When the nasolacrimal duct that drains tears from the eyes to the nose gets blocked, the condition is known as a blocked tear duct. Let’s take a look at its causes, symptoms, and treatment options.
Also known as dacryostenosis or nasal duct obstruction, a blocked tear duct is a common condition observed in about 20-30% newborns. It is a temporary condition, which usually resolves with little or no treatment, by the time the child is a year old. Signs of this medical condition emerge during the first few weeks after birth, and may appear in one or both eyes. Moreover, this condition isn’t contagious.
What are the Causes of this Condition?
The function of the nasolacrimal duct is to drain tears secreted from the eyes into the nose. Sometimes, in newborns, this duct hasn’t developed completely, thereby, resulting in a blockage. The tears produced enter the nasolacrimal duct, however, because of the blockage they cannot drain out through the nose. Thus, they flood the eyes and result in trickling of tears. Infections, underdeveloped openings or closures in parts of the eye from where tears are drained, etc., are also some other factors that result in this condition. Moreover, abnormal growth of the nasal bone is also another reason, as it applies pressure on the nasolacrimal duct and closes it.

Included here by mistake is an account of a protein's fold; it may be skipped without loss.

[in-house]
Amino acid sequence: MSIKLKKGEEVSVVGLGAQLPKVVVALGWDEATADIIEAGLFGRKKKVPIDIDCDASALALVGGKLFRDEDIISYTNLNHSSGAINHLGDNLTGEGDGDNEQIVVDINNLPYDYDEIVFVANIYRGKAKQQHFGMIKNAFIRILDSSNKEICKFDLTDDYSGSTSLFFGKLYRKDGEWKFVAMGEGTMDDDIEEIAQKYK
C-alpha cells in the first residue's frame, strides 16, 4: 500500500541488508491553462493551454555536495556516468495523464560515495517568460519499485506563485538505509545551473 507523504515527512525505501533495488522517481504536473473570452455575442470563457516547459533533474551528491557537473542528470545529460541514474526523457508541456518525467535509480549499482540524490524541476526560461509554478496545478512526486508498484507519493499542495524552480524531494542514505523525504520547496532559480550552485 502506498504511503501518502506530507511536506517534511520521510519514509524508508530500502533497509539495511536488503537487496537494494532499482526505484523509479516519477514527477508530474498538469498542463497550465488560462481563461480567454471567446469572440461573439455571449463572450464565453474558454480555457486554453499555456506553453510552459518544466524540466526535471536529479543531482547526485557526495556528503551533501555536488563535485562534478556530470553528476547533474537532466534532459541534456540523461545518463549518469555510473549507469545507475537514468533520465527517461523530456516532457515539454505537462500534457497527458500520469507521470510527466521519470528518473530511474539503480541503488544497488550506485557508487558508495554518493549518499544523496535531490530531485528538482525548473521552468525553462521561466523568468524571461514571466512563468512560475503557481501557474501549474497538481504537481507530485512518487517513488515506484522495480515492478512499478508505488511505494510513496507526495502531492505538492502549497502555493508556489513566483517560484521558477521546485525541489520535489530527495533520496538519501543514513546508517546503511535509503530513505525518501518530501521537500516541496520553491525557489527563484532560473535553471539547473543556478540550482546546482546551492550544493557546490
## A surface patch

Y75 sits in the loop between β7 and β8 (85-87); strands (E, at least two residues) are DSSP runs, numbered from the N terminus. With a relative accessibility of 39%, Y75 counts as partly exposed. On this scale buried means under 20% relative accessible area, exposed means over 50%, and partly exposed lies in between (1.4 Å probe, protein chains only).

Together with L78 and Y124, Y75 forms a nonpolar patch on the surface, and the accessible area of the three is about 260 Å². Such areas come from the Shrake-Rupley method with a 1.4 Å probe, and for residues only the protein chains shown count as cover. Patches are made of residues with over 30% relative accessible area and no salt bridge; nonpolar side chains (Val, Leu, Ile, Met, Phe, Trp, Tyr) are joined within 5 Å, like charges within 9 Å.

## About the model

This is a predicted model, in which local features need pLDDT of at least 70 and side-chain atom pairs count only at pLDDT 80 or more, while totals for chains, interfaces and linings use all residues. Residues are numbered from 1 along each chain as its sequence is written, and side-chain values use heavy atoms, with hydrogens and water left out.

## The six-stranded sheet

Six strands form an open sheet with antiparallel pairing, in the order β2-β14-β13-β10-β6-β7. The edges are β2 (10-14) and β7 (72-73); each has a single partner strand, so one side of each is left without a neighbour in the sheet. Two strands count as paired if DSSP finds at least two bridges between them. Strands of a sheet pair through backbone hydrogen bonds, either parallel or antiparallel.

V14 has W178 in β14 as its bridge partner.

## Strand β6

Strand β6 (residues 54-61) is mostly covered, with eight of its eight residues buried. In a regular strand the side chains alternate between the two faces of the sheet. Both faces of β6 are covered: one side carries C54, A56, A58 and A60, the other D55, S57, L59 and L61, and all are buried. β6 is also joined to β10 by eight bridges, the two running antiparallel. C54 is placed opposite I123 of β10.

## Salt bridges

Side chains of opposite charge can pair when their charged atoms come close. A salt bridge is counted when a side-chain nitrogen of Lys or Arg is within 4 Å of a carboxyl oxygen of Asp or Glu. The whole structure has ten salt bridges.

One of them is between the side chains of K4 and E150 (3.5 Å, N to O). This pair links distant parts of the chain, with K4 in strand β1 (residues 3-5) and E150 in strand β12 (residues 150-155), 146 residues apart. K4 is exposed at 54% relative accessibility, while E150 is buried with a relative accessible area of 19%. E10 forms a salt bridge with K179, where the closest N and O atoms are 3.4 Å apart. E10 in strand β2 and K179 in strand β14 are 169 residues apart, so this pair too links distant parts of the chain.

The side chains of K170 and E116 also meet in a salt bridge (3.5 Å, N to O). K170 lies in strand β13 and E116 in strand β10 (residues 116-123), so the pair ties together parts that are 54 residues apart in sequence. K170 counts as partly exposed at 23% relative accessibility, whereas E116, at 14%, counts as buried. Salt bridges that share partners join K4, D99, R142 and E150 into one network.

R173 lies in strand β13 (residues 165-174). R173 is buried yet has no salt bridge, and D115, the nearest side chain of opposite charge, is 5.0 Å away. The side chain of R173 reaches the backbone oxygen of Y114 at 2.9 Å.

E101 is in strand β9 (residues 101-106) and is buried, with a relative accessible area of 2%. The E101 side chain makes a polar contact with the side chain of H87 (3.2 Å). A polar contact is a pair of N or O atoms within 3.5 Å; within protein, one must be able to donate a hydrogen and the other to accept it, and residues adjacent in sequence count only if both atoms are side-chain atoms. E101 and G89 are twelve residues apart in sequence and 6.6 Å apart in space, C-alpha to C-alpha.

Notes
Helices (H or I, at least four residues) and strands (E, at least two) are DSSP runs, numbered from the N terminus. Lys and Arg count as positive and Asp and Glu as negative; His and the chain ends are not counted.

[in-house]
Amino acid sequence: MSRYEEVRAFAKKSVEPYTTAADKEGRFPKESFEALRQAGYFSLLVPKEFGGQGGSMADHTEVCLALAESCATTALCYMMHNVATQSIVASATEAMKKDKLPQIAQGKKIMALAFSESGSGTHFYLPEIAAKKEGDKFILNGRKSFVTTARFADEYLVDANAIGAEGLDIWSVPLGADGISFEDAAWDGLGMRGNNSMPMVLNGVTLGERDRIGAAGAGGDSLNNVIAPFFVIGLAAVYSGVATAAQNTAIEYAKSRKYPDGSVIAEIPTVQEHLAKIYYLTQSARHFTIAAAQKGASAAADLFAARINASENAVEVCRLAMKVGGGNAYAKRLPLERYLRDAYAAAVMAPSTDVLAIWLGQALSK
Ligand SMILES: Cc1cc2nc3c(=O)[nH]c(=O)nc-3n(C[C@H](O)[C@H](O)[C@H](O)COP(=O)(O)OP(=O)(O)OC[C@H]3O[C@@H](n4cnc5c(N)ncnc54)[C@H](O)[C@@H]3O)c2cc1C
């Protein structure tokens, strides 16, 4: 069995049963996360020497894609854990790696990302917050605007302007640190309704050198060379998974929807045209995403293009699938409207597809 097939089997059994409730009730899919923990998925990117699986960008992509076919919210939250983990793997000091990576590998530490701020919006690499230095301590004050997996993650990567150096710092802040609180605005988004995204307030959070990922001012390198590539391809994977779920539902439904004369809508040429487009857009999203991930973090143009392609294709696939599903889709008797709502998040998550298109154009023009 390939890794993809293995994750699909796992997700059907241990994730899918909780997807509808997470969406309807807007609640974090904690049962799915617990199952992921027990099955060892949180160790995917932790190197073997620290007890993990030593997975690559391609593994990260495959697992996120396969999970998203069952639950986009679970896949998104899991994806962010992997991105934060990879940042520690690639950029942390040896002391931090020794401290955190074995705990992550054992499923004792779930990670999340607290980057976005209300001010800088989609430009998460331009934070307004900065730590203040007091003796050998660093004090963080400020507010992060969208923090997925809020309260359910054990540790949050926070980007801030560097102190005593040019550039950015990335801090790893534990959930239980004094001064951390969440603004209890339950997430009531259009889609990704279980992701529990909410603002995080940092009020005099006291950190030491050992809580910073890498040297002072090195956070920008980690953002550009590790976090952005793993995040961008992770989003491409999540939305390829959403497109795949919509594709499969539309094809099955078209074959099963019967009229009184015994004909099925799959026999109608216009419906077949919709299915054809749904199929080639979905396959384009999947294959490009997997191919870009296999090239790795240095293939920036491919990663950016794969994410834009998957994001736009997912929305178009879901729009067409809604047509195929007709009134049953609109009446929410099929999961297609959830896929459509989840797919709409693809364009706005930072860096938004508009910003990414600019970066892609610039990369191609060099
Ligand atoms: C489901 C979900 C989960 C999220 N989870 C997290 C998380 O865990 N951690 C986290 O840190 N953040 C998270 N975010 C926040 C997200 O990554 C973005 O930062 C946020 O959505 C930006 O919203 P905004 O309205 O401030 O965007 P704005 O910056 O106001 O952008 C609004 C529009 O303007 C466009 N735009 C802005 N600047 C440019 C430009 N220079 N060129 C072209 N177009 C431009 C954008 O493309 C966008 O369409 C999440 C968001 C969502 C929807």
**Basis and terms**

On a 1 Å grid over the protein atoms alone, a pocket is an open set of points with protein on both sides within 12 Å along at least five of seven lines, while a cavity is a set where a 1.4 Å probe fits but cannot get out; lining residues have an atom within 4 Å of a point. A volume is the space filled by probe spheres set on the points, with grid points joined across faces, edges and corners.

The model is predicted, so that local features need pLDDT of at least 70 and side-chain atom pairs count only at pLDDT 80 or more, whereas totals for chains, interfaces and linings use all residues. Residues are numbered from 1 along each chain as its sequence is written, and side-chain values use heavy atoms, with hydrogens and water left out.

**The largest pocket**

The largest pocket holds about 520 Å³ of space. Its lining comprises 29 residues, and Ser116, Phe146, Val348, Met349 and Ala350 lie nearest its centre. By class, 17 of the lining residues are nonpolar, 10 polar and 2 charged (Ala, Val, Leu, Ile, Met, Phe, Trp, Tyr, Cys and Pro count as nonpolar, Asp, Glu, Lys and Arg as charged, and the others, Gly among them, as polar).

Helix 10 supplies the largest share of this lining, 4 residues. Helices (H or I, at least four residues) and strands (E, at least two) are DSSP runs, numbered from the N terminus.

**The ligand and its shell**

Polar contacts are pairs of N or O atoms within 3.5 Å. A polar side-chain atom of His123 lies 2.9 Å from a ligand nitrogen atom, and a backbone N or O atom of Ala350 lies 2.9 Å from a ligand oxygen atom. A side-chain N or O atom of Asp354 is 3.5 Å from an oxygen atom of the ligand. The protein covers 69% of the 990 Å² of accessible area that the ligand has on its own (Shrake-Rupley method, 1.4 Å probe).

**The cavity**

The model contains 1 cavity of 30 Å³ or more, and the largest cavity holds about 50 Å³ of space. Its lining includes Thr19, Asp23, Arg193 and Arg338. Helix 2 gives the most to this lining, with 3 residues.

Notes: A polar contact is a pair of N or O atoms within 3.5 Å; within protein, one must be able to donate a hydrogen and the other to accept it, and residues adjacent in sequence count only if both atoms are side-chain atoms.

Symptoms that Develop
To be able to identify this condition, one needs to understand the different symptoms that may occur. They are as follows:
- Matting in the eyes
- Excessive tearing
- Eyes appear wet all the time
- Tears spill onto the cheek
- Redness around the eyes
- Mucus-like substance adhering to the eyelids
Redness of the eyes is usually due to the irritation caused by the salt content in the tears.
How to Treat it?
The blockage in the nasolacrimal duct is caused by a sheer membrane, which usually clears off on its own as the baby grows and attains 10-12 months of age. Meanwhile, to alleviate the condition, gentle application of pressure on the outer region of the nostrils, can help reduce the blockage. In fact, gentle massaging will also help. In case the condition persists even after the baby has completed a year, your health care provider may refer you to an ophthalmologist. Surgery is usually advised only in extreme cases.
This condition is not something to worry about, and will gradually clear off on its own. Just make sure you clean your child’s eyes regularly, and maintain hygienic conditions at all times.
Disclaimer: This article is for informative purposes only, and should not be used as a replacement for expert medical advice.